XFiles: The Faith, by Chuck Colson

(Book: The Faith, by Chuck Colson.)

I have a couple more substantial books coming in, but in the meantime I thought I’d take a quick look at Chuck Colson’s book The Faith. As some of you may recall, I bought this book in response to a request from a publicist at Zondervans, who invited me to submit questions to Colson, which the latter promised to respond to publicly in his blog. I sent him two rather simple ones (I thought), and never heard from him again. Go figure. So now I’ve got the book, and I’ve got a gap in the XFiles series, so it seems like it must be God’s will for me to review it now.

Here’s the Reader’s Digest ultra-condensed summary: What do Christian’s believe? A curious mixture of evangelical pop theology and contemporary conservative politics (what Colson calls “social holiness”). Why do Christians believe? Because great Christians demonstrate the power of God by the way they fearlessly face persecution and death for their beliefs. Why does it matter? Because if Christians don’t jump up and vote Republican every time Karl Rove says “family values,” they might end up following the example of the great Christians, and frankly that scares the shit out of them. The Church may love martyrs, but they love them best when they’re someone else.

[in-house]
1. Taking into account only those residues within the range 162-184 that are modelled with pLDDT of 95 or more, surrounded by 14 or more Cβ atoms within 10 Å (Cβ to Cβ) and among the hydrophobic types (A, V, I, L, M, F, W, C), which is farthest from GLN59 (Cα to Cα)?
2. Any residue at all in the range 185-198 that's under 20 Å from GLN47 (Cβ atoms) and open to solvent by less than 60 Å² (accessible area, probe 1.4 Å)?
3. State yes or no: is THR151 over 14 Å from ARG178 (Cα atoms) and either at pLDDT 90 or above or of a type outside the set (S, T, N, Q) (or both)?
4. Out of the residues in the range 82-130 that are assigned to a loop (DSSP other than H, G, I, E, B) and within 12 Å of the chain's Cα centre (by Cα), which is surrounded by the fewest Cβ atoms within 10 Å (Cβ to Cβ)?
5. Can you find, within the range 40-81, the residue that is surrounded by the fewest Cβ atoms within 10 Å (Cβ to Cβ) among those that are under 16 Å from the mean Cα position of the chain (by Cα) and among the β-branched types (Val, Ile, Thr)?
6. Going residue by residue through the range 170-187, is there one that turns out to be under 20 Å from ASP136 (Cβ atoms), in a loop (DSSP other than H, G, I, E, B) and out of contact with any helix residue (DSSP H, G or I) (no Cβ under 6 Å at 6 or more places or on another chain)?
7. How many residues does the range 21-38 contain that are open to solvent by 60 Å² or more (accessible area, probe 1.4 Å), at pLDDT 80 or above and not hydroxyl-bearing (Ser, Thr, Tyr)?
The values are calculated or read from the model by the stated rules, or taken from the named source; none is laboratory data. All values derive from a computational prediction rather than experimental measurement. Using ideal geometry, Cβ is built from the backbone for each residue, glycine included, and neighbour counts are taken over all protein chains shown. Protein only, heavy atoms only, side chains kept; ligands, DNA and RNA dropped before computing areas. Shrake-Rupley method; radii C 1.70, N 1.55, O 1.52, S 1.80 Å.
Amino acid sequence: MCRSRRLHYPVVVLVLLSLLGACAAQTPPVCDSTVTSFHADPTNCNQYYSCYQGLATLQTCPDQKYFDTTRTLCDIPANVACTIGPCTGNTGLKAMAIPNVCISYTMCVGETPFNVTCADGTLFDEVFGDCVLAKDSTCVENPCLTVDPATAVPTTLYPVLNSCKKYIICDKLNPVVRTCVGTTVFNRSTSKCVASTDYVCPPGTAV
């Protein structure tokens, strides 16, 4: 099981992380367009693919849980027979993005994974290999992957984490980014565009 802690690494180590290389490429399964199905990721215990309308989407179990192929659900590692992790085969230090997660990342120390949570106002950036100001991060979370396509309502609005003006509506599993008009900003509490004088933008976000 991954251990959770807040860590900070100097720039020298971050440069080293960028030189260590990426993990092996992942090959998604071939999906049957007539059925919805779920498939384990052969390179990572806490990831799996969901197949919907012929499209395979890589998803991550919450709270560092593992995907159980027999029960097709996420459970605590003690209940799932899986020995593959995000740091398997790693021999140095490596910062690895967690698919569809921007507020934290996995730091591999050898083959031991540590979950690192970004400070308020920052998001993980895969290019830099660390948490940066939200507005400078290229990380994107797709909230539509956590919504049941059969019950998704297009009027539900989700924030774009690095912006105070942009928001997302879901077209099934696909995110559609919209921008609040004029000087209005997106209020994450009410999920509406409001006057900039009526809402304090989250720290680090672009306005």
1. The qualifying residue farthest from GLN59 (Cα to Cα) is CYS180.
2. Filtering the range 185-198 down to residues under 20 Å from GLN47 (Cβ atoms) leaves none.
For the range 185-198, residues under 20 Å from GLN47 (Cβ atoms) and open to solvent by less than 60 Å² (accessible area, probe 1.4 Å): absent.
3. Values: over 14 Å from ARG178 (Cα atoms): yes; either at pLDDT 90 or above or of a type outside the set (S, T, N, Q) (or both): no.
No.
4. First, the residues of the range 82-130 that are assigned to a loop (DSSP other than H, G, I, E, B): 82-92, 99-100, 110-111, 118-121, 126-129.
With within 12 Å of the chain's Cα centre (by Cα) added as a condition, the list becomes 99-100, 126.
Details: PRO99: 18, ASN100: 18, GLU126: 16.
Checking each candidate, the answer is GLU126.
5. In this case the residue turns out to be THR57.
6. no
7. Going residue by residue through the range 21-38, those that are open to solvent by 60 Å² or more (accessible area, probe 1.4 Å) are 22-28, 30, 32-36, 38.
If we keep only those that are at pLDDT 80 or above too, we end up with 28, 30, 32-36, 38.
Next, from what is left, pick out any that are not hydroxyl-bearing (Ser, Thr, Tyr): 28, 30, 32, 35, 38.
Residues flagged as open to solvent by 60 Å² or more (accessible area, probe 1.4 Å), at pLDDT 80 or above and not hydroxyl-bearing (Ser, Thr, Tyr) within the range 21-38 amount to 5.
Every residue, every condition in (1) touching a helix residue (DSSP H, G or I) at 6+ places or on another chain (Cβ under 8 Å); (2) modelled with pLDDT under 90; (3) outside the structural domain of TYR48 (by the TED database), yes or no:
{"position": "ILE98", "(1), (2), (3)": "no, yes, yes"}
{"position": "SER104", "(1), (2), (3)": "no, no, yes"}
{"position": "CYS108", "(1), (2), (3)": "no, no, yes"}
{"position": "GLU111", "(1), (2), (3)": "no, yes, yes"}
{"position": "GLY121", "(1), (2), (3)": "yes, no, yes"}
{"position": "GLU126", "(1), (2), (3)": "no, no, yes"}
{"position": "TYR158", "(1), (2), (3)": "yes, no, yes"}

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XFiles: The surprise ending

(Book: I Don’t Have Enough FAITH to Be an ATHEIST, by Geisler and Turek, Appendix 1.)

We’re just about done with Geisler and Turek’s attempt to deal with the existence of evil and the problems this poses for their allegedly all-good, all-wise and all-powerful god. And, in a bit of a surprise twist at the end, it turns out that the unbeliever actually wins this one. The Christian runs out of answers, admits that his “explanations” don’t really do the job, and ends up encouraging the atheist to just have faith. Great way to end a book called I Don’t Have Enough FAITH to Be an ATHEIST, eh?